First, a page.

Clarence John Laughlin
[Photographer, b. 1905, Lake Charles, Louisiana, d. 1985, New Orleans, Louisiana.]

 It is this strange fusion of psychological factors that excites me... All buildings, all cities that have been greatly lived, that have been greatly dreamed on, and that extend far through time—have this secret life. 
 The physical object, to me, is merely a steppingstone to an inner world where the object, with the help of subconscious drives and focused perceptions, becomes transmuted into a symbol whose life is beyond the life of the objects we know and whose meaning is a truly human meaning. By dealing with the object in this way, the creative photographer sets free the human contents of objects; and imparts humanity to the inhuman world around him. 
 ... I frequently attempt to show in my work, in various ways, the unreality of the “real” and the reality of the “unreal.” This may result, at times, in some disturbing effects. But art should be disturbing; it should make us both think and feel; it should infect the subconscious as well as the conscious mind; it should never allow complacency nor condone the status quo. 
 In all my work I have been animated with three convictions: 1) that there is no essential reason why the creative imagination cannot work with a ray of light acting upon a sensitized surface as effectively as it can with a brush laden with pigment, 2) that photography is one of the most authentic and integral modes of expression possible in the particular kind of world in which we live, [and] 3) that in photography, as in the other arts, the quality of a man's imagination is the only thing that counts—technique and technical proficiency mean nothing in themselves.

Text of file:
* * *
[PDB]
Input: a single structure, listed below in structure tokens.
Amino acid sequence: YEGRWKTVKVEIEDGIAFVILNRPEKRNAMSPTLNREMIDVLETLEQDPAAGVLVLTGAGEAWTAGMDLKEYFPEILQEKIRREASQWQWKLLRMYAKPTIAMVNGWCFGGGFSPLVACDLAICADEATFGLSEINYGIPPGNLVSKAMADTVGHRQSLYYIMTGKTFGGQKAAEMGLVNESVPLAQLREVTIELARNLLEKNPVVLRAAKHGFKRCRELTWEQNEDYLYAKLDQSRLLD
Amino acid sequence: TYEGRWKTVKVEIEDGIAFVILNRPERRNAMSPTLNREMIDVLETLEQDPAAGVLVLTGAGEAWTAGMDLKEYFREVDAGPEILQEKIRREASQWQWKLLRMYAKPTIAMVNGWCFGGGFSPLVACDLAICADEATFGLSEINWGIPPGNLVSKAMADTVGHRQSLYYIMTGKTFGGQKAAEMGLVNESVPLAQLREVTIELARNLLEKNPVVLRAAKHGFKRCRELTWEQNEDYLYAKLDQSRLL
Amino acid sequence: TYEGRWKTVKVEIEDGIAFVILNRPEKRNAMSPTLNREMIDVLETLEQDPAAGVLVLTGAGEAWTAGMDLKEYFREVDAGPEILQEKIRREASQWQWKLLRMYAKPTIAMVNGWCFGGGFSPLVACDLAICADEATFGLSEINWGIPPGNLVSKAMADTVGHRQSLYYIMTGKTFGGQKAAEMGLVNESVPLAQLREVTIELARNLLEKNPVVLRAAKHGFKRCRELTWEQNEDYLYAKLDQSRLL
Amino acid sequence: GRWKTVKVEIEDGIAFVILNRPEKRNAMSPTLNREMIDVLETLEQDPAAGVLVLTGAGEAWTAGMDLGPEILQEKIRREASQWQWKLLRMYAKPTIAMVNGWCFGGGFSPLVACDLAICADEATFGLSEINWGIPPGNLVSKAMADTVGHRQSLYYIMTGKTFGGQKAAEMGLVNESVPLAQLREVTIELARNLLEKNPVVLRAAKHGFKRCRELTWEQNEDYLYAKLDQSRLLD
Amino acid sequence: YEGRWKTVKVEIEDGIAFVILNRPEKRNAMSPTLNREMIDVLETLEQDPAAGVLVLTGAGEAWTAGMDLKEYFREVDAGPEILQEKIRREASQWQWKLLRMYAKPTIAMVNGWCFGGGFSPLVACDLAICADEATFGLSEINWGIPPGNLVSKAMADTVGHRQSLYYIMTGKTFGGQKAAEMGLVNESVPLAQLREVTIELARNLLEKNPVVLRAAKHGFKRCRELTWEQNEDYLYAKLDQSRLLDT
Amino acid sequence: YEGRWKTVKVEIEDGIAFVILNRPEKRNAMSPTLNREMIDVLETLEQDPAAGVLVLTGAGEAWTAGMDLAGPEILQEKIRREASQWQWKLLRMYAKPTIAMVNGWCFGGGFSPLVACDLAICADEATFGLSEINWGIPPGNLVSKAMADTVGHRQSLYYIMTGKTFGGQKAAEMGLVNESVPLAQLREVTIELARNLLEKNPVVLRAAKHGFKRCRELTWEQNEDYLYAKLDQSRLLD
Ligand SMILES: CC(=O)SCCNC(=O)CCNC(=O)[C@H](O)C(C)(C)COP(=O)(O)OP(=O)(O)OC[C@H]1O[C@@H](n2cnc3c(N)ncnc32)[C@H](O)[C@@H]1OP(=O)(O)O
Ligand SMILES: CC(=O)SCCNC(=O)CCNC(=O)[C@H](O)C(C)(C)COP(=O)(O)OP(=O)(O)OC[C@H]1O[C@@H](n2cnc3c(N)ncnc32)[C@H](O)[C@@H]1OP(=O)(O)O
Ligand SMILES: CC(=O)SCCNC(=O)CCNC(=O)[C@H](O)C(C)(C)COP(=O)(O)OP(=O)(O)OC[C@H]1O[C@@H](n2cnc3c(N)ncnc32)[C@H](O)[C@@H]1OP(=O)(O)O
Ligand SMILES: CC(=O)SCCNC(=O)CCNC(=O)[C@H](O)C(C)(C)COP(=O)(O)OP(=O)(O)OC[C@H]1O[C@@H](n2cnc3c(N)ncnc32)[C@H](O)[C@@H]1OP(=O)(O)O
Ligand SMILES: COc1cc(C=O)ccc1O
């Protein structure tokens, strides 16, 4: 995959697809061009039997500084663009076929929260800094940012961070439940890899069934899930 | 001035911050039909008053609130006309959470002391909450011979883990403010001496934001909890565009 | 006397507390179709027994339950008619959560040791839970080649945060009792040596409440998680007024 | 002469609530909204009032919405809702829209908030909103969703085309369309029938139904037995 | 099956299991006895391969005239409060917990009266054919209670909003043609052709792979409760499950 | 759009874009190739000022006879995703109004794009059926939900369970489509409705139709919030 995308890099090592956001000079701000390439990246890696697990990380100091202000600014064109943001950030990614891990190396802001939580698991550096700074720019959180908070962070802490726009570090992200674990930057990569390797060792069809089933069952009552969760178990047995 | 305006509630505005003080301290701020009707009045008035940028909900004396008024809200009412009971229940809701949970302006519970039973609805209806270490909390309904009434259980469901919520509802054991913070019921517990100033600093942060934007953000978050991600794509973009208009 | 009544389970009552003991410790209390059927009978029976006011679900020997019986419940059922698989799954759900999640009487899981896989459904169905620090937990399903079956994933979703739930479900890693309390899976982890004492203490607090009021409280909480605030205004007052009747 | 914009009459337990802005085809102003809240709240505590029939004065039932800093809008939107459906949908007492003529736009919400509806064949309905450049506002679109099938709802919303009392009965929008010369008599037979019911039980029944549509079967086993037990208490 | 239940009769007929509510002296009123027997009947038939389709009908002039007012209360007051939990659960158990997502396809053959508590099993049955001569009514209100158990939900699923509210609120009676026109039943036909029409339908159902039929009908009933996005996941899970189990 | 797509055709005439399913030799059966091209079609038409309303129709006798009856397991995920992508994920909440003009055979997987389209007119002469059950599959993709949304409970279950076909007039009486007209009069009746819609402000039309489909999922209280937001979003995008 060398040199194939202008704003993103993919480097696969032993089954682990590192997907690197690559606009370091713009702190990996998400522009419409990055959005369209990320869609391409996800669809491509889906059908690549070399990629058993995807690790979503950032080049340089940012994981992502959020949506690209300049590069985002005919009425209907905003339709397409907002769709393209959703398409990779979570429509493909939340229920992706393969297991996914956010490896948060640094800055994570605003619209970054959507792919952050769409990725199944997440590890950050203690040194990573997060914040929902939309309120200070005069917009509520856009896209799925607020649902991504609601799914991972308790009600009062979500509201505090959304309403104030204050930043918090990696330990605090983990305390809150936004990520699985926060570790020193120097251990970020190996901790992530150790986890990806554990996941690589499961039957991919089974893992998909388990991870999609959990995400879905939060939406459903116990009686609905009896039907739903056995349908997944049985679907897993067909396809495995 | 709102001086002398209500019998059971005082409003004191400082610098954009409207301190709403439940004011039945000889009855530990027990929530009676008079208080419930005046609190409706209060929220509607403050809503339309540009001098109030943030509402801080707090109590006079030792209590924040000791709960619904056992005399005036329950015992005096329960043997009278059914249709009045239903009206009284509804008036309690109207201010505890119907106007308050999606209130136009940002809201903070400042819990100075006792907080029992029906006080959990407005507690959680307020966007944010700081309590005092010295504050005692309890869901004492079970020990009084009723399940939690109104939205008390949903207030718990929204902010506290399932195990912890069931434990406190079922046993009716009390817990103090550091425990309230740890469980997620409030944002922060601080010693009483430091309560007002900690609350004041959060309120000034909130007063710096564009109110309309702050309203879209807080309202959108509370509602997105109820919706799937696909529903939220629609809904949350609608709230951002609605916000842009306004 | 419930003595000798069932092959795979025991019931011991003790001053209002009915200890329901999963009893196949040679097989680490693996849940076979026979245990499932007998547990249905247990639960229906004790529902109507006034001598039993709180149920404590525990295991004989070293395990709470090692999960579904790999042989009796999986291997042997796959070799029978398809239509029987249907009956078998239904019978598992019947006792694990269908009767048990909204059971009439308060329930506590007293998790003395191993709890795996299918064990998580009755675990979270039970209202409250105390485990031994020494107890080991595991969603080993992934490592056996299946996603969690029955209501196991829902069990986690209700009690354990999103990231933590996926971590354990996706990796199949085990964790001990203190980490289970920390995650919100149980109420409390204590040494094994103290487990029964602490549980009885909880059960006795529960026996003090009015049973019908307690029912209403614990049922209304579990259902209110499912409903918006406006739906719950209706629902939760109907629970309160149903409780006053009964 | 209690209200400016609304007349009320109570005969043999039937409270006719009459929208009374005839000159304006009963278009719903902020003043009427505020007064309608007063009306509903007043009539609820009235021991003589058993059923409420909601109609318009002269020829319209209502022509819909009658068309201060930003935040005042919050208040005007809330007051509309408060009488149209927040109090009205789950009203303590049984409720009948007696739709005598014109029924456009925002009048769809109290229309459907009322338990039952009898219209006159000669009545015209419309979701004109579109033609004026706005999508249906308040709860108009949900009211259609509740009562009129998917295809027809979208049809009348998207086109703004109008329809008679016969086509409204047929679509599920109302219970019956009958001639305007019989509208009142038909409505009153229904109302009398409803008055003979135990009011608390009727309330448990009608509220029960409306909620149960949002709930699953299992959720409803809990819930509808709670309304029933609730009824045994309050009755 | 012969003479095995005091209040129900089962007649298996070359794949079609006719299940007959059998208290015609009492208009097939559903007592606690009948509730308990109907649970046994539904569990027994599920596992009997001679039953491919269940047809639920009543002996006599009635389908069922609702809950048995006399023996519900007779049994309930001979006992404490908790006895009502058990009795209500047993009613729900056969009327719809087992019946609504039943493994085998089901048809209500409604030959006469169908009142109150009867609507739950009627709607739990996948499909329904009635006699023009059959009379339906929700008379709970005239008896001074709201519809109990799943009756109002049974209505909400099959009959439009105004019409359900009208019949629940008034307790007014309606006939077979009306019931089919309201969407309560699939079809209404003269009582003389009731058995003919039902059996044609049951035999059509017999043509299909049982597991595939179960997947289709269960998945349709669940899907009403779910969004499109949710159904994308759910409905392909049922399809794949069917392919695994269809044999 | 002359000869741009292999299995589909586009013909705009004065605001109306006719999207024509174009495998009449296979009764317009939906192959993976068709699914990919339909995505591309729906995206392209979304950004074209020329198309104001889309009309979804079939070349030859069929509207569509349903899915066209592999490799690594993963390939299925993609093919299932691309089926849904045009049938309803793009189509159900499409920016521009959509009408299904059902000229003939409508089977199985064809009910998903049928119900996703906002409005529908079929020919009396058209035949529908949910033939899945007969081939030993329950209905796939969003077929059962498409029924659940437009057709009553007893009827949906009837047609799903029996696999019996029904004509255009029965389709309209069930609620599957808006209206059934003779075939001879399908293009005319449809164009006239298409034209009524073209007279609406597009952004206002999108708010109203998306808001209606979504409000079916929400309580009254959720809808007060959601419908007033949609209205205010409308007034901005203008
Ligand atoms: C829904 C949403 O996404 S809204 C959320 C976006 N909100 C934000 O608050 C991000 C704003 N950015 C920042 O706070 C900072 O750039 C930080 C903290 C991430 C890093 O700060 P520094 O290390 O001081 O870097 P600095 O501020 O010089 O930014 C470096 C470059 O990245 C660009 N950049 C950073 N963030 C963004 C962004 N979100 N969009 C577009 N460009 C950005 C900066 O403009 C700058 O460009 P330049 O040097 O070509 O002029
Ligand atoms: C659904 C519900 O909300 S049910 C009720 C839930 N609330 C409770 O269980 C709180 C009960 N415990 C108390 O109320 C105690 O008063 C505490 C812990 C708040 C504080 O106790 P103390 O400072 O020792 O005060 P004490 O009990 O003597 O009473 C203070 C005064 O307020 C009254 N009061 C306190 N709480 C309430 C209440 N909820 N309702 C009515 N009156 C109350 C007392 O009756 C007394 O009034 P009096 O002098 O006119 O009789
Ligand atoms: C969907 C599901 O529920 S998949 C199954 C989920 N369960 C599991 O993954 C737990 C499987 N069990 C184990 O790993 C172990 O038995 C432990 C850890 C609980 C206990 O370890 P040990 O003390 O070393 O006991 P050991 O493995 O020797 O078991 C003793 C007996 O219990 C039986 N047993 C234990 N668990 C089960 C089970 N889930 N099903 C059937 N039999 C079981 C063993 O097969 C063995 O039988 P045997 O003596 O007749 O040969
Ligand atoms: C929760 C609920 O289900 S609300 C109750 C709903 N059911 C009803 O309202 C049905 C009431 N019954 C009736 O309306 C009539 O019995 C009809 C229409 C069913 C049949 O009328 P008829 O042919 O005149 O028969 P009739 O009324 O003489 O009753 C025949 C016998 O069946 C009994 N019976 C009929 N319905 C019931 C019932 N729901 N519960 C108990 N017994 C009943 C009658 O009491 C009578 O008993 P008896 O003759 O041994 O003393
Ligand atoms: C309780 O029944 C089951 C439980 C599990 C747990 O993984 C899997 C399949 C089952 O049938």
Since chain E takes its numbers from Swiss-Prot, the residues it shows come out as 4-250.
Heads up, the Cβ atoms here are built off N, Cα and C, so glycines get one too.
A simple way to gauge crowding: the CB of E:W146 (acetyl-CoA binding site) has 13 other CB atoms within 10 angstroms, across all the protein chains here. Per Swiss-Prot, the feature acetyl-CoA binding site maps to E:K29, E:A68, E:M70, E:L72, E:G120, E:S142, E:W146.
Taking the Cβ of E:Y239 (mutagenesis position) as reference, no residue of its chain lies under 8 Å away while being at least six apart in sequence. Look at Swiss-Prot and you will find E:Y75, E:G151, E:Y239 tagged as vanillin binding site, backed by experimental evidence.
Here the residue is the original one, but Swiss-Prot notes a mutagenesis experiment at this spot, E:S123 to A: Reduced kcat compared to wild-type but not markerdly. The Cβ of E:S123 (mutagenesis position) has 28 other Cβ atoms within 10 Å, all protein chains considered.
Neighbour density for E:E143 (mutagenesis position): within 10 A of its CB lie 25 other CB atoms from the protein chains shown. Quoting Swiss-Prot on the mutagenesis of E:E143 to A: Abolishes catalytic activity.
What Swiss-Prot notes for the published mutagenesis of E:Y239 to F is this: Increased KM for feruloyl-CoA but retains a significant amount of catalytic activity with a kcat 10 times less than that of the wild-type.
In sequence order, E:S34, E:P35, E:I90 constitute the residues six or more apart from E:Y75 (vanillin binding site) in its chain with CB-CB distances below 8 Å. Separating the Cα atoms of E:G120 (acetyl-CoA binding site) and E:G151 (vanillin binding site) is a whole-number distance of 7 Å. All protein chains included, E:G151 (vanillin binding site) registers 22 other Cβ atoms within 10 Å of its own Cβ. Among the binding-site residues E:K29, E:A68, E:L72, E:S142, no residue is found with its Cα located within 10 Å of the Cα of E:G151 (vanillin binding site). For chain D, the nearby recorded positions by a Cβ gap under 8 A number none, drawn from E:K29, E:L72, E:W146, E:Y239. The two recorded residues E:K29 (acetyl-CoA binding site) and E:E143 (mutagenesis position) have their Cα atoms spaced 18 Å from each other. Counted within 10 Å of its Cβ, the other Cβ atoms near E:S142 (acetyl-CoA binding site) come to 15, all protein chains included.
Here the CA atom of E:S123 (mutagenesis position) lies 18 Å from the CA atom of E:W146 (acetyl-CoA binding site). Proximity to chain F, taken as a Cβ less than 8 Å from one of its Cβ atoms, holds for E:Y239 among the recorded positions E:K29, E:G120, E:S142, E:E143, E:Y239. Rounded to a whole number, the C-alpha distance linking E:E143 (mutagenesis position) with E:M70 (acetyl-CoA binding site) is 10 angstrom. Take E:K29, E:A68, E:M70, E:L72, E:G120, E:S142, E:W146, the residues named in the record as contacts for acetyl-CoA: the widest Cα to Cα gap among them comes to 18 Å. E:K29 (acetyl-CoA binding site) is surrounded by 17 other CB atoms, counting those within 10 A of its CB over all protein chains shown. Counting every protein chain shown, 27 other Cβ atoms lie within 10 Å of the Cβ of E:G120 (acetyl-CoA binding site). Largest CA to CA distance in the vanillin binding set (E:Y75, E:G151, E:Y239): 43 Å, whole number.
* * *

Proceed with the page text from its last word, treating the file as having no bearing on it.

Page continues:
I did not start out as a photographer but, instead, as a writer. Whether for good or ill, this fact has inspired and colored many of my concepts ... Through photography I have also tried to tie together and further my active interests in painting, in poetry, in psychology, and in architecture. Whatever value my photography has, it is only because of these other interests. 
 One of my basic feelings is that the mind, and the heart alike, of the photographer must be dedicated to the glory, the magic, and the mystery of light. The mystery of time, the magic of light, the enigma of reality—and their interrelationships—are my constant themes and preoccupations. 
 There is nothing, under present conditions, that can be more easily and exactly reproduced than a technically good black-and-white photograph, and it is utter rot to burden those interested in them with irrelevant biographical trivia and pet longwinded theory. 
 I have approached the buildings as psychological and poetic manifestations—rather than from the more technical viewpoints of the architect and historian (which mostly miss the living spirit behind the forms). 
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